Figure 2. The floating point unit in a Bulldozer module (also visible at centre of Fig. 1)

Figure 2. The floating point unit in a Bulldozer module (also visible at centre of Fig. 1)

There is quite a way to go up the system hierarchy once we have covered this smallest unit. In the Interlagos processor four modules (i.e. 4 x Fig 1.) are first aggregated into what AMD, from a hardware perspective, call an Orochi die. From a programmer’s logical perspective the physical Orochi die is referred to as a Non-Uniform Memory Access (NUMA) region.

Figure 3. Orochi die/NUMA region

Figure 3. Orochi die/NUMA region (4 modules, 8 cores)

As can be seen from Fig. 3 each NUMA region contains four Bulldozer modules plus 2MBs of Level 3 cache for each Bulldozer module and a single DRAM interface to connect the NUMA region to some main memory. The DRAM interface is what makes this collection of components a distinct logical entity from a software perspective when multiple NUMA regions are aggregated into a single package. In HECToR there is 8GBs of DRAM connected to each NUMA region (resulting in a ratio of 1GB of main memory per core).

At the next step up the system hierarchy AMD takes two of these NUMA regions (i.e. 2 x Fig. 3) and puts them together side by side in a single physical package as shown in Fig. 4 below. This physical package I refer to as a socket (well it fits into one, and allows me to avoid the term processor which is too vague in the current context). So with each of the two NUMA regions in a socket connected to their own 8GB of DRAM the purpose of the NUMA region distinction becomes clear. Each region has faster access to its own 8GB of DRAM than it does to its twin NUMA region’s DRAM – with associated performance implications for software running across multiple cores in multiple NUMA regions.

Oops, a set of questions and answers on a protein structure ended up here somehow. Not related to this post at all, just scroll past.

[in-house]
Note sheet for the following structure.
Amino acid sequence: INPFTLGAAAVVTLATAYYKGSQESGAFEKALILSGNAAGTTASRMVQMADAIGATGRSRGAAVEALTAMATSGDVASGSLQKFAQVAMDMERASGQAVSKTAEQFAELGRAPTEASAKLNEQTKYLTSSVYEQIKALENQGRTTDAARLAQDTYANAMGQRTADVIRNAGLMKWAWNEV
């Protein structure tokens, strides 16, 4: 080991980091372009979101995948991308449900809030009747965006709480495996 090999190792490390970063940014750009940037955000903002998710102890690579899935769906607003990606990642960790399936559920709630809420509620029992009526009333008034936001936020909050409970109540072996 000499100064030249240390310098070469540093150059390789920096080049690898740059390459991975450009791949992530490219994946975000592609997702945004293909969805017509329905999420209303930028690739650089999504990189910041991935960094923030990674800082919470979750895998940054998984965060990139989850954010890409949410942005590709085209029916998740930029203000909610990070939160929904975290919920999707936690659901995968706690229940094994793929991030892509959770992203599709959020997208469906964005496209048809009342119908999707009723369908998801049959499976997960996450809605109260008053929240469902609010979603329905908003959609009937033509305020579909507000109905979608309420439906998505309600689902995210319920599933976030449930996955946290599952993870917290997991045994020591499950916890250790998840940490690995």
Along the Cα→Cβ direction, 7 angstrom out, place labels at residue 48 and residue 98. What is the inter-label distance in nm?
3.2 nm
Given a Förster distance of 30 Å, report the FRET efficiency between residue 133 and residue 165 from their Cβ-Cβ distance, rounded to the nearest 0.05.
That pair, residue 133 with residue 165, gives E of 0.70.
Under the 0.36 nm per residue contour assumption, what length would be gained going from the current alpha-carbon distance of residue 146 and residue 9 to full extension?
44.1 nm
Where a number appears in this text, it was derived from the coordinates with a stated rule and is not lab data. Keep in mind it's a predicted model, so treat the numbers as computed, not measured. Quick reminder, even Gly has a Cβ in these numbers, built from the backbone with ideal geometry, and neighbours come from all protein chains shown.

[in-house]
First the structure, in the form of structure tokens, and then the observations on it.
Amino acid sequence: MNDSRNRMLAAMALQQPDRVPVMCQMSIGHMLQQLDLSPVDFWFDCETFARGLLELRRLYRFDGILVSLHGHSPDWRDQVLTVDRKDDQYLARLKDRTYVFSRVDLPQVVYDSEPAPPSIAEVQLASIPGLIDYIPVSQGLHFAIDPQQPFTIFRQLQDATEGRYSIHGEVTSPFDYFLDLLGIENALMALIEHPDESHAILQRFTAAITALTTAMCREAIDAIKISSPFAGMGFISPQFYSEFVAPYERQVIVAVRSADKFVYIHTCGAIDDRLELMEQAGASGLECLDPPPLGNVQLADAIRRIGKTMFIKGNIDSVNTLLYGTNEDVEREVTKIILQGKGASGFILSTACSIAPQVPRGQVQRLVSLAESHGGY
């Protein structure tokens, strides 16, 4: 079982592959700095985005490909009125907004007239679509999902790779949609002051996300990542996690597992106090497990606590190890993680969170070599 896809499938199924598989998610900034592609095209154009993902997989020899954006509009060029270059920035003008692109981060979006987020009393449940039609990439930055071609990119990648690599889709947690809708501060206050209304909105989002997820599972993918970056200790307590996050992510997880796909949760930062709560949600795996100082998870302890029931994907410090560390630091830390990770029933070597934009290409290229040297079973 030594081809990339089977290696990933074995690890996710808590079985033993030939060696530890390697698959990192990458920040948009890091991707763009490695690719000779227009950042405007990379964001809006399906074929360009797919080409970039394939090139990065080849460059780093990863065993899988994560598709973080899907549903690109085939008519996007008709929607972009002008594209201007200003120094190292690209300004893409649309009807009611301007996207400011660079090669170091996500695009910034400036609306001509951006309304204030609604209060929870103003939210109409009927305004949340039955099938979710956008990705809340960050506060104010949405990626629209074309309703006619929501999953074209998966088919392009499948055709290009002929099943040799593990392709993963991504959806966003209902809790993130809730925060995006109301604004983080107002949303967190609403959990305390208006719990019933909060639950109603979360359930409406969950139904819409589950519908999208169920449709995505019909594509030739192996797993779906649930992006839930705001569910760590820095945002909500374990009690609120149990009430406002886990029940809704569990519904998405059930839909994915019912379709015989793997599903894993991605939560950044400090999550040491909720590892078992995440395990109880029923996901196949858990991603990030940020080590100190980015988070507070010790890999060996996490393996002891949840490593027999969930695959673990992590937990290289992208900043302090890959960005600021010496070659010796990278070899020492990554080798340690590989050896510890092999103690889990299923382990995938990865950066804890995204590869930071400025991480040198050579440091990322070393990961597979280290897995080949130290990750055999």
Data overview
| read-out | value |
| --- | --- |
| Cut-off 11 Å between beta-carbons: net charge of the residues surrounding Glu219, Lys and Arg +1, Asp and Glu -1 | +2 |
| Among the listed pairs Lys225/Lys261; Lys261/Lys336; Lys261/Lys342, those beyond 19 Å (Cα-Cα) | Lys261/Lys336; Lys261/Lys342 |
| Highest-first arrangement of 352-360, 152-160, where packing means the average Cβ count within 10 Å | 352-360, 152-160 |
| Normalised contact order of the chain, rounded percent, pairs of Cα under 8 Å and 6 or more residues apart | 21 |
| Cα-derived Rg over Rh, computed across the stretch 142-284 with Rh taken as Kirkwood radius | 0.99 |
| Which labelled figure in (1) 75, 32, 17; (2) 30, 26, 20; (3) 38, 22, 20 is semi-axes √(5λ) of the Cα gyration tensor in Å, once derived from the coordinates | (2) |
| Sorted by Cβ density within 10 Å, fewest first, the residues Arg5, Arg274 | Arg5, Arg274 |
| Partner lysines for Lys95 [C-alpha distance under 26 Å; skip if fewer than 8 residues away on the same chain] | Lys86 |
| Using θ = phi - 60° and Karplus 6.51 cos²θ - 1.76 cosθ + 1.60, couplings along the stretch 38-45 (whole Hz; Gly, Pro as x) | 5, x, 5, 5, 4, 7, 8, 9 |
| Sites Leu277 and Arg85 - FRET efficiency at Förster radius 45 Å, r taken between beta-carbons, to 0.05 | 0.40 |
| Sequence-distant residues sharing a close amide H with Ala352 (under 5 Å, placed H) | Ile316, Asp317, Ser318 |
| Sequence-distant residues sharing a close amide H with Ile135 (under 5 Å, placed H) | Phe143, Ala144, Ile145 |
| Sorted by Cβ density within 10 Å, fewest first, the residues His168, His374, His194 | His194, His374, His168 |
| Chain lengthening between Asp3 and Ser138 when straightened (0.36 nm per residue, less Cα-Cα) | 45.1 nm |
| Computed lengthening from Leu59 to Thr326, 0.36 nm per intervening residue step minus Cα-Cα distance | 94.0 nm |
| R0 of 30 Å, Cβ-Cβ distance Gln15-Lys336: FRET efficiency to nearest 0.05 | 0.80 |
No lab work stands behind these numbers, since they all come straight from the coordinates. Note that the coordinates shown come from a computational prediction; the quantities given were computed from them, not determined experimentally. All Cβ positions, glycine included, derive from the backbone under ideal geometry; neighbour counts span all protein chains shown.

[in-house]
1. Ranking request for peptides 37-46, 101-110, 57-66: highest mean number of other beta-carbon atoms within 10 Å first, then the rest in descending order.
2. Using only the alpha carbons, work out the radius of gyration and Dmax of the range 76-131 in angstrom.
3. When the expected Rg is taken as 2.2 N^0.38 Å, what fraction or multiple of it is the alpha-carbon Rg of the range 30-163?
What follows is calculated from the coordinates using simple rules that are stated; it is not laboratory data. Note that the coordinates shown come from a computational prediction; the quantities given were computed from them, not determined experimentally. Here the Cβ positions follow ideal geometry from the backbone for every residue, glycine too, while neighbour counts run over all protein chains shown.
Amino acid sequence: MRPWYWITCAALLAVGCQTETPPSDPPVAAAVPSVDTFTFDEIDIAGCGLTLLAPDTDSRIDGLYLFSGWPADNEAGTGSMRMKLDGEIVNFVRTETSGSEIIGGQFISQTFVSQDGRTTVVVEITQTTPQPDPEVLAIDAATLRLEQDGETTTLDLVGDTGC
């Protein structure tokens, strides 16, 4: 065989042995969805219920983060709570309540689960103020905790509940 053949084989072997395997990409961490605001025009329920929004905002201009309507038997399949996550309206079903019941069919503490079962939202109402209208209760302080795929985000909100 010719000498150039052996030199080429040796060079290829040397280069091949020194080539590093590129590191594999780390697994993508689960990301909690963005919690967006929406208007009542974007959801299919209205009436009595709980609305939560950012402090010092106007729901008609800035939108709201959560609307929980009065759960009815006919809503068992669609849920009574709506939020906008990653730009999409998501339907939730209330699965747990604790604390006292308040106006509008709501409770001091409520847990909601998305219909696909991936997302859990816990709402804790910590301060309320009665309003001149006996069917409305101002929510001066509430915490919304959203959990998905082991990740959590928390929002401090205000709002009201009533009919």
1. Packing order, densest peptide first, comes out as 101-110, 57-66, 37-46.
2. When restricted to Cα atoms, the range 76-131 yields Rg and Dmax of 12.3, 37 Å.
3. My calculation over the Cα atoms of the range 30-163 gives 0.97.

Figure 4. AMD Opteron package for socket G34 (2 NUMA regions, 8 modules, 16 cores)

Figure 4. AMD Opteron package for socket G34 (2 NUMA regions, 8 modules, 16 cores)

This is the point where we leave the world of AMD’s commodity products behind and enter the system level where specialist HPC vendors like Cray take over. Their expertise lies in turning thousands of these commodity parts into a single coherent massively parallel High Performance Computer. A product which they may only sell something in the region of low double digit numbers of each year worldwide.

In Part 2 I will continue the tour from the socket level (Fig. 4) up to the system as a whole. Along the way we’ll see how Cray combine sockets to form nodes and use their proprietary Gemini Interconnect to build out the system to thousands of nodes. Nodes are packaged into blades, blades into chassis and chassis into cabinets.

Then there is only one question left to answer; how many cabinets can you afford?

Figure 5. "Cielo", a 96 cabinet Cray XE6 belonging to the National Nuclear Security Administration at Los Alamos National Laboratory, USA

Figure 5. "Cielo", a 96 cabinet Cray XE6 belonging to the National Nuclear Security Administration at Los Alamos National Laboratory, USA